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Starship's fourth test, Boeing Starliner, Hubble on its last legs

It was a busy week in spaceflight

This is going to be a little different than usual weekly space news roundups because it was such a busy week in spaceflight. There were four huge things that happened this week, each of which has their own video:

  • Boeing Starliner’s first crewed test flight lifted off safely (and docked with the ISS, after some thruster trouble)

  • SpaceX’s Starship had a surprisingly successful fourth test flight

  • NASA announced that Hubble will move to one gyro mode…and (the bigger news in my opinion), they will not be pursuing the SpaceX reboost for the observatory

  • China’s Chang’e-6 robotic lander lifted off from the far side of the moon with rock samples

Boeing Starliner continues to frustrate

Yes, Boeing Starliner finally lifted off successfully. I have the full account of the liftoff for you over here. The launch went super smoothly, but things got a little rough after liftoff.

One of the issues that delayed Starliner after the May 4 launch scrub was a helium leak in its propulsion system. Helium isn’t a fuel, but it’s used to push propellant to the thrusters. They monitored the leak and determined it was safe to launch with, opting not to fix it.

The leak was stable at launch, but two more helium leaks popped up after launch. And then, on approach to the ISS, four of the capsule’s 28 thrusters went down. It’s unclear whether these were related to the helium leak, though it is possible (and I was serious when I posted on Bluesky and Mastodon that if I had to make a video update that Starliner was unable to dock with the ISS, the video would just be me screaming).

The good news is that they were able to restart three of the thrusters and successfully dock with the ISS. I’m sure we will hear a lot more in the days and weeks to come about this thruster issue.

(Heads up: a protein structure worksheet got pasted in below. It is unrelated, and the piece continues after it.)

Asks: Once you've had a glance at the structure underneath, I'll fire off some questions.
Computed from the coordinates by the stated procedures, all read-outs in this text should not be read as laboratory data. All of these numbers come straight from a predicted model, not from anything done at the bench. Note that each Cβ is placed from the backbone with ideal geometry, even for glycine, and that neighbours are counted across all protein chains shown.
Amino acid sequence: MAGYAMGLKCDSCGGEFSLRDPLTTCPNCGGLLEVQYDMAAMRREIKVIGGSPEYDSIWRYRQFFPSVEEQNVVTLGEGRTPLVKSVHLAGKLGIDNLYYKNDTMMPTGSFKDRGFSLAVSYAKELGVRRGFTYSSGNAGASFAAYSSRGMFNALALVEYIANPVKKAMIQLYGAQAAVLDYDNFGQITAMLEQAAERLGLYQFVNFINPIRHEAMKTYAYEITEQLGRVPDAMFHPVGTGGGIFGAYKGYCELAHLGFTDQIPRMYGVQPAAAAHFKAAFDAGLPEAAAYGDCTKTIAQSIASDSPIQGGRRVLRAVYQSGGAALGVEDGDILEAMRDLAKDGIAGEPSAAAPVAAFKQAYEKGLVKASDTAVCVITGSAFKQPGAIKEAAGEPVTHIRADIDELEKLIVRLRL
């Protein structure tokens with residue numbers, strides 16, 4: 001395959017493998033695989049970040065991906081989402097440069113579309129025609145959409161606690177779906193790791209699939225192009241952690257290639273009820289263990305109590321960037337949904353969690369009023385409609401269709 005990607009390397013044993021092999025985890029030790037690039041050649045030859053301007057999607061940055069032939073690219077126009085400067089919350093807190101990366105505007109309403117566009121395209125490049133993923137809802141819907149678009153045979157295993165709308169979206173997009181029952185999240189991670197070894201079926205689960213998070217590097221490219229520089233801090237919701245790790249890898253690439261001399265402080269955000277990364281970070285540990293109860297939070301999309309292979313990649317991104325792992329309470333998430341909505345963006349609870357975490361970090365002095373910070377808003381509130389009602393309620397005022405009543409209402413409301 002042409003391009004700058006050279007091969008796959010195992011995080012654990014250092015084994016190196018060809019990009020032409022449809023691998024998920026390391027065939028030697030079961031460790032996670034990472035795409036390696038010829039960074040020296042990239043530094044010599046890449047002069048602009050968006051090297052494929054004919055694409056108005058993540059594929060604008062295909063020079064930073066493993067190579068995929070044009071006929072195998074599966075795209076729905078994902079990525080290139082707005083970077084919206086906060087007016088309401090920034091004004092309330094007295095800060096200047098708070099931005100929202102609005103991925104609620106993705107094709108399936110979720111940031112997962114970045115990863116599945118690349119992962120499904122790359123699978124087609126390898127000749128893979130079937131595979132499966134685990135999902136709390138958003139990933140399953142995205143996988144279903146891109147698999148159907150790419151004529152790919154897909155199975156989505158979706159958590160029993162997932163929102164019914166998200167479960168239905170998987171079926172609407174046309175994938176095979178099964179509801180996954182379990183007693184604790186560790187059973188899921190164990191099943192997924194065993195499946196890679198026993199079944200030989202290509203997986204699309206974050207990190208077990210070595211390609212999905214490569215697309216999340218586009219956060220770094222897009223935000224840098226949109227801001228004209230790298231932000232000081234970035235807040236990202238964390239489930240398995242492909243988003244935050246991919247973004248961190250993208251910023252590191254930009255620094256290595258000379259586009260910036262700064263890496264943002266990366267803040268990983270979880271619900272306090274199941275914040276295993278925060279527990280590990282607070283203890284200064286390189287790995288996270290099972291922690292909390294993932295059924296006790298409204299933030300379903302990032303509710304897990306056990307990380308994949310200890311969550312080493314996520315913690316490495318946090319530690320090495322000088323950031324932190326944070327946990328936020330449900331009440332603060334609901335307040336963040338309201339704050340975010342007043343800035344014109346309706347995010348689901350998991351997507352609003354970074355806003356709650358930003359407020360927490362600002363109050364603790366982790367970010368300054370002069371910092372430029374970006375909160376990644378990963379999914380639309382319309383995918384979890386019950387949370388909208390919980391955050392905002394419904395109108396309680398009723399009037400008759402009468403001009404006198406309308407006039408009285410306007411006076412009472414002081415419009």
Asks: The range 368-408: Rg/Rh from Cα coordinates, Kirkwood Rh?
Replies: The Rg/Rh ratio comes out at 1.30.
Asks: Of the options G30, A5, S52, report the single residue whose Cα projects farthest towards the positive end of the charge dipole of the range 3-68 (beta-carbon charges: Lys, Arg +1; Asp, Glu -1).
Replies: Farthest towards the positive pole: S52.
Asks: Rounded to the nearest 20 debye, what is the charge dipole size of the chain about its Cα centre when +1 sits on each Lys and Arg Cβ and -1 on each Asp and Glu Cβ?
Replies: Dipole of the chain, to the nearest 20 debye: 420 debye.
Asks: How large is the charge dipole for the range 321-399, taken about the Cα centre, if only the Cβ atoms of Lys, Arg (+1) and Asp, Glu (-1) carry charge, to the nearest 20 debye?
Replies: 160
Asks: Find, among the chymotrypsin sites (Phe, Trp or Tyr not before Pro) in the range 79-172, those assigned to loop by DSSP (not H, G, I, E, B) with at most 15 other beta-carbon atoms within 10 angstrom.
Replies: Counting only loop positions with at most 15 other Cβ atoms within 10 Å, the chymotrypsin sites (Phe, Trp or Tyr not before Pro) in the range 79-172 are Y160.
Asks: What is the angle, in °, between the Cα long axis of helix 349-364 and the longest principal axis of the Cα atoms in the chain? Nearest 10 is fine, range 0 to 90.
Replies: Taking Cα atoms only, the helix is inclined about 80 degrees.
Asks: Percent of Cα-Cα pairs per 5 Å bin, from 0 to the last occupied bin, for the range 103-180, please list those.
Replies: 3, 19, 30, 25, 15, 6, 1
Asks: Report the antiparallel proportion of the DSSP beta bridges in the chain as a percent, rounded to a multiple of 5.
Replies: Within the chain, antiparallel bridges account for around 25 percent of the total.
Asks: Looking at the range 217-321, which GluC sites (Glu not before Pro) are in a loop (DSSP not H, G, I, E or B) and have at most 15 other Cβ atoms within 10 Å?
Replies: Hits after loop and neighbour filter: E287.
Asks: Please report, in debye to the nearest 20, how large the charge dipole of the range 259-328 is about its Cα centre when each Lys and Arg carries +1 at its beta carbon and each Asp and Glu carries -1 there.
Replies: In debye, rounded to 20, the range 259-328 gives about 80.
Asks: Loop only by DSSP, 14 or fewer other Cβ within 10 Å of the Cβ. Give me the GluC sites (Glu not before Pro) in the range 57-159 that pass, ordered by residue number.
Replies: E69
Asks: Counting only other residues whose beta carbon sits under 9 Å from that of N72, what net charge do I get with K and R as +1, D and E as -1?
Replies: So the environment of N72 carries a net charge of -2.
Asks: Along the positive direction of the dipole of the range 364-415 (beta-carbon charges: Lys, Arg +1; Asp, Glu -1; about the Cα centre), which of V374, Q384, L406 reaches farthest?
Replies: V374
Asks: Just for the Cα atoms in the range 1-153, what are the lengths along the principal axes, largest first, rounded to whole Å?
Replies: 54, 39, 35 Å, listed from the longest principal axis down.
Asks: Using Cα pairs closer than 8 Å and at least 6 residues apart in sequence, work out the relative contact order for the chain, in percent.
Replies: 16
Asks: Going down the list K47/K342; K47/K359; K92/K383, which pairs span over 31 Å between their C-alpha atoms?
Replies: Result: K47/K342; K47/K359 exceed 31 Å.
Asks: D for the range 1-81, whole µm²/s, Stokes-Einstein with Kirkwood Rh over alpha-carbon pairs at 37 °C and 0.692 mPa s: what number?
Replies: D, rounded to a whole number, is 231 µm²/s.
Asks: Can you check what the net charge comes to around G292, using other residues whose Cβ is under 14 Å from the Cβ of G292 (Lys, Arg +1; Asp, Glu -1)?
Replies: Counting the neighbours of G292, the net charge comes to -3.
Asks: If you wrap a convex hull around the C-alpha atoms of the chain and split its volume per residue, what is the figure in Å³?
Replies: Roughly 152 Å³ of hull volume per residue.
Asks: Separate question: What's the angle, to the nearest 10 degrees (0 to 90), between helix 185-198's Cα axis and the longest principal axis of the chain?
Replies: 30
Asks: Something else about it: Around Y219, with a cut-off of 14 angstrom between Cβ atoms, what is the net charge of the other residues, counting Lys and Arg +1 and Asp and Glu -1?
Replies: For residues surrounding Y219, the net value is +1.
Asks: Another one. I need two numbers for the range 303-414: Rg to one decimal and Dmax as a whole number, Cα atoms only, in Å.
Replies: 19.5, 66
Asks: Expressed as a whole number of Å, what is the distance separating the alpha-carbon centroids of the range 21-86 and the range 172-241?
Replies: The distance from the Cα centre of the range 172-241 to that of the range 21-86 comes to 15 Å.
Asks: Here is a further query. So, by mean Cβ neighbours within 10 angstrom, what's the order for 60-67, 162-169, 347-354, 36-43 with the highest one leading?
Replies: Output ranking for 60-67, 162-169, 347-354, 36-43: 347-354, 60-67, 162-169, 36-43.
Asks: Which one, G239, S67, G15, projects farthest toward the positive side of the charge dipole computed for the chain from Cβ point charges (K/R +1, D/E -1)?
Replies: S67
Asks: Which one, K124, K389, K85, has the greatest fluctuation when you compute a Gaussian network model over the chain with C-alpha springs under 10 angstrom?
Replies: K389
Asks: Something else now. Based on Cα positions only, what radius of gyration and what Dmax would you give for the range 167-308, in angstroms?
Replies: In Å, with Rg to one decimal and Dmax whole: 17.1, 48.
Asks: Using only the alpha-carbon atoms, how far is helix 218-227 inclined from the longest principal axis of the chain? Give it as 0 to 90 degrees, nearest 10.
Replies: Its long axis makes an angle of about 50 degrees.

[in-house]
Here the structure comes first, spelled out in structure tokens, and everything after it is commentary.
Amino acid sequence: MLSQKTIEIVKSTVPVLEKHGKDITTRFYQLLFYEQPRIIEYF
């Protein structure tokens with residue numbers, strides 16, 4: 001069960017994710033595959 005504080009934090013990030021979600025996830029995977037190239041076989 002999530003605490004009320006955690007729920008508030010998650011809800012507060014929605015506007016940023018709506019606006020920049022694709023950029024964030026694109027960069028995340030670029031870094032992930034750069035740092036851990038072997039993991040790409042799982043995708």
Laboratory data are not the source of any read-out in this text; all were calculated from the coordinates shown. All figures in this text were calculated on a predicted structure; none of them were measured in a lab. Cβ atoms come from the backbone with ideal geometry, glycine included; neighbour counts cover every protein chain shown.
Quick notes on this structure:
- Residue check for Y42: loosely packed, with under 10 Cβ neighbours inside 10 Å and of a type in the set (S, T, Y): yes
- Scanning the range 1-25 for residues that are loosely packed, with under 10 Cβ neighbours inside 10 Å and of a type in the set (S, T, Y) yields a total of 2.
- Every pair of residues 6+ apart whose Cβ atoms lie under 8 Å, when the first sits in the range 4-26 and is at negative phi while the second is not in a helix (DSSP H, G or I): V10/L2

Starship’s successful test flight was surprising

Genuinely I was expecting Starship’s fourth test flight to be a failure. In my opinion they really needed to figure out re-entry and soft landing for both the booster and the ship, and I didn’t think they’d be able to do that with just one flight. (More on my expectations here.)

But…they did it? It wasn’t perfect, but SpaceX managed to soft land both stages. I was honestly shocked, but the test flight was certainly a cool sight to see. Here’s my rundown of the fourth test flight (in this case I do recommend watching the first half of the video, even if you’re usually more of a text person, because it’s easier to understand when you can see what’s happening).

Hubble has transitioned to one gyro mode

Well, I saw this one coming — and the good news is I actually made a video/newsletter about what this means back in April. Here’s the deal.

Basically, Hubble has been having problems with its gyroscopes for months. It uses its gyroscopes to point accurately, and it needs three of them. Four are now non-operational, so the science team is transitioning to one gyro mode, holding one in reserve.

What does this mean? Well, a few things: Hubble will not be able to observe at anything closer to us than Mars, so more no near-Earth asteroid observations. And the observatory will become less productive because it’s going to take more time to point it at targets. This is basically the last phase of Hubble’s life before its orbit decays so low that it’s no longer usable; NASA predicts that will happen in the mid-2030s.

Speaking of, we’ve been talking about a feasibility study conducted by SpaceX and NASA to possibly boost and service Hubble as part of a private series of missions from billionaire Jared Isaacman, called the Polaris program. Isaacman was interested in doing this at no cost to NASA. In my opinion, the bigger news at this press conference was that NASA was not pursuing that boost option.

They haven’t ruled out the possibility of a boost from some other source, but Hubble is old and delicate. NASA is basically worried that any servicing attempt by someone not specifically trained on Hubble would end up damaging the telescope and cutting short its life. Basically they’d rather take the 10 years they’ve got than play with a huge risk/reward scenario.

China’s Chang’e-6 mission lifted off from the far side of the moon with lunar samples

This is huge news: China’s uncrewed Chang’e-6 mission touched down on June 1, spent 48 hours collecting samples, and lifted off on June 3 in an ascent vehicle. That ascent vehicle rendezvoused with the service module for the mission in orbit, and it’s all set to return to Earth by the end of the month.

Credit: CNSA

The mission also sent back some AMAZING photos.

Credit: CNSA

If it’s successful, these will be the first lunar samples we have from the far side of the moon. I have a whole video coming on this mission next week (including about the moon’s color in these photos) because I didn’t have time to fit it in this week!